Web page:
2. Eat whole foods: The sugar found in fruits and vegetables is safe and there’s no reason to avoid them. Stock up on whole foods such as fruits, vegetables and nuts. Monitor and balance your diet to include high-protein foods that keep you full; healthy fats that help lower blood sugar and cholesterol; and complex carbs that digest slowly helping you retain your energy for long. Also, when cravings hit, you can indulge in whole foods and nuts without giving in to temptation.
3. Reduce stress: When you are stressed, the level of cortisol hormone goes up which makes you hungry, causes storage of belly fat and leads to type 2 diabetes. Stress has a negative impact on children and adults and urges them to reach for junk food and indulge in sugary food items. Whenever you find yourself stressed, break the pattern by taking deep breaths and focusing on something else. Take a walk, indulge in some physical activity, do yoga, listen to music or engage in any de-stressing activity that works best for you or your child. Further, a lack of sleep causes people to favour high-calorie, sweet foods. Get at least seven to eight hours of sleep to get rid of sugar cravings.
4. Drink water and avoid juice: Sugar found in fruit juices and beverages like soda drinks contains empty calories. This means that it hydrates you, but the sugar directly enters your bloodstream, giving you a spike of insulin. Further, the sugar in the bloodstream actually inhibits the liver’s own fat-storage mechanism, leading to additional fat storage in the belly. So, avoid sugary drinks; instead, replace them with water, unsweetened beverage or herbal tea. This will drastically reduce your sugar intake and help you lose weight.
5. Fast intermittently: Intermittent fasting is one of the latest trends in dieting that has many variations to it. In this type of fasting, you get a pre-defined time window within which you can eat and fast for the rest of the day. Fasting allows your body enough time to dip into the fat storage for energy and helps regulate the insulin hormone. Thereby, sugar cravings tend to reduce, once insulin is regulated.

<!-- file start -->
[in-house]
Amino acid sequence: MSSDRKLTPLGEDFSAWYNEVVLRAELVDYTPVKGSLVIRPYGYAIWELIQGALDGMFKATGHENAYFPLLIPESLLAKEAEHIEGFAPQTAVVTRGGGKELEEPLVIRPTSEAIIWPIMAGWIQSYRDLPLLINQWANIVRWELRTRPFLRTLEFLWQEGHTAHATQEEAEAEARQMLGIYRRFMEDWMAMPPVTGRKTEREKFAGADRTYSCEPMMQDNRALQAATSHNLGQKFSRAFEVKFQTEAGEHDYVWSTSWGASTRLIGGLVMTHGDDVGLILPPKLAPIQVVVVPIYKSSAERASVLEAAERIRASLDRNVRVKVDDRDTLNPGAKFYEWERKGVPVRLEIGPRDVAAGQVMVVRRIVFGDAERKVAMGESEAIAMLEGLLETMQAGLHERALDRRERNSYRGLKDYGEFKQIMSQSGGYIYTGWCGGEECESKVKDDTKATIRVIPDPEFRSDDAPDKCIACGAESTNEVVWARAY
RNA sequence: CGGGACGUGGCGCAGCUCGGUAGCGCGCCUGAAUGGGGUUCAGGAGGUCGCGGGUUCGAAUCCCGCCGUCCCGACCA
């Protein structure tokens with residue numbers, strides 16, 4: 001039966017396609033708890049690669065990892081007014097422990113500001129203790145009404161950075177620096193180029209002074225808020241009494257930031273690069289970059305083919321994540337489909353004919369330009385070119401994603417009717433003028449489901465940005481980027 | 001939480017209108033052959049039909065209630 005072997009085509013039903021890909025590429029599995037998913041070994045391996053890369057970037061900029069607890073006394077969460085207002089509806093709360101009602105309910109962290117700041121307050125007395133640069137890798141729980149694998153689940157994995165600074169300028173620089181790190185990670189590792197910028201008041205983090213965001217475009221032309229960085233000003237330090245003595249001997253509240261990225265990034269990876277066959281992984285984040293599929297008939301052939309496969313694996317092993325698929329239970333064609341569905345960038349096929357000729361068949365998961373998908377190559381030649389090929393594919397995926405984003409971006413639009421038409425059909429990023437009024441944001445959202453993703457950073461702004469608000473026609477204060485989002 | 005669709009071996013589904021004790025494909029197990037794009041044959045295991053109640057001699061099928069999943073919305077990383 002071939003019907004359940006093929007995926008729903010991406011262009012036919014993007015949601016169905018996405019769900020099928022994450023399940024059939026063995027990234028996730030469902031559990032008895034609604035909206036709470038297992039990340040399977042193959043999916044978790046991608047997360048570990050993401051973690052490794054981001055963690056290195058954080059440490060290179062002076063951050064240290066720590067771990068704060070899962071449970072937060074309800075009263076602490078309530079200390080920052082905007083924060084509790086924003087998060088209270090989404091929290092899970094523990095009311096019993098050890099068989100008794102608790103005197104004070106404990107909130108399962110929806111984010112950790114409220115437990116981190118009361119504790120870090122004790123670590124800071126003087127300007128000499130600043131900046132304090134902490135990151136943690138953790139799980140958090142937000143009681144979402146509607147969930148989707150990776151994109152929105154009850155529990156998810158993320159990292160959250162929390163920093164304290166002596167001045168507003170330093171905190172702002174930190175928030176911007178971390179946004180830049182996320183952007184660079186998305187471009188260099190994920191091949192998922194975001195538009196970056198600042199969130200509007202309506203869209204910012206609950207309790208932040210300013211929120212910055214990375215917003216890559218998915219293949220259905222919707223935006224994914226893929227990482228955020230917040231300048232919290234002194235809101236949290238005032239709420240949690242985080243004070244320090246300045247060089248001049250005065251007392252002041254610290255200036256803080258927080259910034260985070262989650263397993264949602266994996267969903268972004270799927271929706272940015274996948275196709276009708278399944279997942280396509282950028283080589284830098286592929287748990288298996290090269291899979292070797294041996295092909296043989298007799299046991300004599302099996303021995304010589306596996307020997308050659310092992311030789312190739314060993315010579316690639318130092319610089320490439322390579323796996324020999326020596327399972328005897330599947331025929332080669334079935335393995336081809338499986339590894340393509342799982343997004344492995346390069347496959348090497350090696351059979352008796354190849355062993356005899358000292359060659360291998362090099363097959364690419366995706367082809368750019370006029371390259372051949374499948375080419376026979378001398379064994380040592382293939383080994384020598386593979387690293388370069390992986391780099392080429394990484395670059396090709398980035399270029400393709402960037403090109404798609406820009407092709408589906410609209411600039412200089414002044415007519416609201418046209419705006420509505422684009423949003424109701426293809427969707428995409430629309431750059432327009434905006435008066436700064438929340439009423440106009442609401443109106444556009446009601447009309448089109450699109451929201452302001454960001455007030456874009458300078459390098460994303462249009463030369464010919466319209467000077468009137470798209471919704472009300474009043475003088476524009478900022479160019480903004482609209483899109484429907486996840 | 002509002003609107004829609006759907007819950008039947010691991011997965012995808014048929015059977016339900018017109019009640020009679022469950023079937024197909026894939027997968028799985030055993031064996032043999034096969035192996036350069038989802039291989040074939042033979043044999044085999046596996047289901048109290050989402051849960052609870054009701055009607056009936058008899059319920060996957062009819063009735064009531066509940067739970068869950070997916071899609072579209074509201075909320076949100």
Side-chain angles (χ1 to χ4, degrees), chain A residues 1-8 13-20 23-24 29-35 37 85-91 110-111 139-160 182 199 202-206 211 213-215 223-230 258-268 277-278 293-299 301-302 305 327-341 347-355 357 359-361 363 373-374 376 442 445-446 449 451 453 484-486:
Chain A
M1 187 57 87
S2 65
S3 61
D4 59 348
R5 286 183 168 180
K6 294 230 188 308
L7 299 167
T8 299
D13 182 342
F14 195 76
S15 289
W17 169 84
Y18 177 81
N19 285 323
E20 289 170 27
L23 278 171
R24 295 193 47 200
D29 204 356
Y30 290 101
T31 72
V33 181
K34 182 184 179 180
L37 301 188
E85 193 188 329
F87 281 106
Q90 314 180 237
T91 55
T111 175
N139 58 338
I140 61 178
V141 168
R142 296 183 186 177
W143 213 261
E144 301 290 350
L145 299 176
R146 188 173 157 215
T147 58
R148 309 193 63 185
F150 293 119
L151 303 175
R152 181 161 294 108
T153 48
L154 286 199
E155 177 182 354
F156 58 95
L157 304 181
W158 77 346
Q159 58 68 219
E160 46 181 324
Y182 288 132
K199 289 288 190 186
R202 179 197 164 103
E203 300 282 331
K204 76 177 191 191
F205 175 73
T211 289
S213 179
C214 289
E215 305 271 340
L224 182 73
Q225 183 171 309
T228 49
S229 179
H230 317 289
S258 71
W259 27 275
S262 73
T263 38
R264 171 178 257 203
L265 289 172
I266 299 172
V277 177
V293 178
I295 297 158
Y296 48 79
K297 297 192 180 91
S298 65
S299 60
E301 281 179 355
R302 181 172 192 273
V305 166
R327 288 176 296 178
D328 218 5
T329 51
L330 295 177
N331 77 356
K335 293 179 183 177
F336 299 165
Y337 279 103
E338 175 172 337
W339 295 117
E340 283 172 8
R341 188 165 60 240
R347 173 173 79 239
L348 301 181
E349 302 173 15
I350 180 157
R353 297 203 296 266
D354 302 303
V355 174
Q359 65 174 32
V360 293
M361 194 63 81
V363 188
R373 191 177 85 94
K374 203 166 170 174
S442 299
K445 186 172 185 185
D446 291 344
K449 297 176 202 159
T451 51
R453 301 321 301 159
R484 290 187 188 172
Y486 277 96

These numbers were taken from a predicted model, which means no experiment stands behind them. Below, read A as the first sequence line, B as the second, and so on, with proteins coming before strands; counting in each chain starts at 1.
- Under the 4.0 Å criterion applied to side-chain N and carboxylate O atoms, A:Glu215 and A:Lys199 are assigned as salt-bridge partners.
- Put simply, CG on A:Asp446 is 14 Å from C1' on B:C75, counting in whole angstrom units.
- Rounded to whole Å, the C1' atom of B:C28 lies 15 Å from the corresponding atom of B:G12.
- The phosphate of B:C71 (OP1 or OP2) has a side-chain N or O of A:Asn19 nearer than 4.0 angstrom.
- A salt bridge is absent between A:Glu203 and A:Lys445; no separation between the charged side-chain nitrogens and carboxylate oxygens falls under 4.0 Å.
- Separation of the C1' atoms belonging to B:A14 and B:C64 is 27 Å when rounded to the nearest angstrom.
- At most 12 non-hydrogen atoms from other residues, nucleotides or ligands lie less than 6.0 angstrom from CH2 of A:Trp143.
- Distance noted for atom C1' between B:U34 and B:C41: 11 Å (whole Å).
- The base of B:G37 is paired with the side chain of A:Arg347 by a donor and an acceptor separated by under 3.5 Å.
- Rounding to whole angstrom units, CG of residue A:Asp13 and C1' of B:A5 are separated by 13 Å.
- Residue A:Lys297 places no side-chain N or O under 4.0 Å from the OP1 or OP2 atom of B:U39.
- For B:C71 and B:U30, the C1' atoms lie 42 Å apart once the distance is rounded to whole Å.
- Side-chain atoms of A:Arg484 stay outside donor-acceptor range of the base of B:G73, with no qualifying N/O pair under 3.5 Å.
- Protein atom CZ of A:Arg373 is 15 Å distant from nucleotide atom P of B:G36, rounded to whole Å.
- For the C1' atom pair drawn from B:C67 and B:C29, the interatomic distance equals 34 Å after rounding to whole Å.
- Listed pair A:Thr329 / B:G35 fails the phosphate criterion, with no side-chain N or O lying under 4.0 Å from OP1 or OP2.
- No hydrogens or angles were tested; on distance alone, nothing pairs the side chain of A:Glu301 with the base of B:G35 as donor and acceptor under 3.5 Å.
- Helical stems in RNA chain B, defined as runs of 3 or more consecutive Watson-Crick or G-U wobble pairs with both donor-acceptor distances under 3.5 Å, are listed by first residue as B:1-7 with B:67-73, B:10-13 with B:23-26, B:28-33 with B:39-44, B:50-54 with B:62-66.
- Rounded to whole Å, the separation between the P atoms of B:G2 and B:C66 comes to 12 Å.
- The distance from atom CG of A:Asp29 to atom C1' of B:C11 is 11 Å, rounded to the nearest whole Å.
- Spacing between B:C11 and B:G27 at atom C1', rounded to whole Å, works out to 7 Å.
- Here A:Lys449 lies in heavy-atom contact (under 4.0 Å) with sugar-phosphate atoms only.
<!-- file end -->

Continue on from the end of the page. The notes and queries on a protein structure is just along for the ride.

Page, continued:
6. Check for Candida: Candida is a form of fungal infection that is common in humans. It is caused by a type of yeast in the intestines and can make you feel tired and irritable. The yeast thrives on sugar; hence, it causes severe sweet cravings. To be honest, it’s a kind of paradoxical situation. While on the one hand you eat sugar to promote the growth of intestinal yeast, on the other, if you have too much yeast in your gut, it makes you crave more sugar. Get yourself checked, and if diagnosed, get treated for candida to curb the intense sugar cravings caused by the condition.
Sugar is bad for health. There are no two ways about it. Yes, it is difficult to completely cut off sugar from your diet and your child’s. However, limiting the use of sugar will not only benefit your health but also protect you from a multitude of health problems that arise as a result of excess sugar consumption. And, in children, start early and consciously limit their sugar intake and consumption of junk and processed food. Remember, too ‘sweet’ can sometimes turn ‘sour’ for your health!
The author, Luke Coutinho, is Adviser of Integrative Lifestyle and Nutrition at Purenutrition.me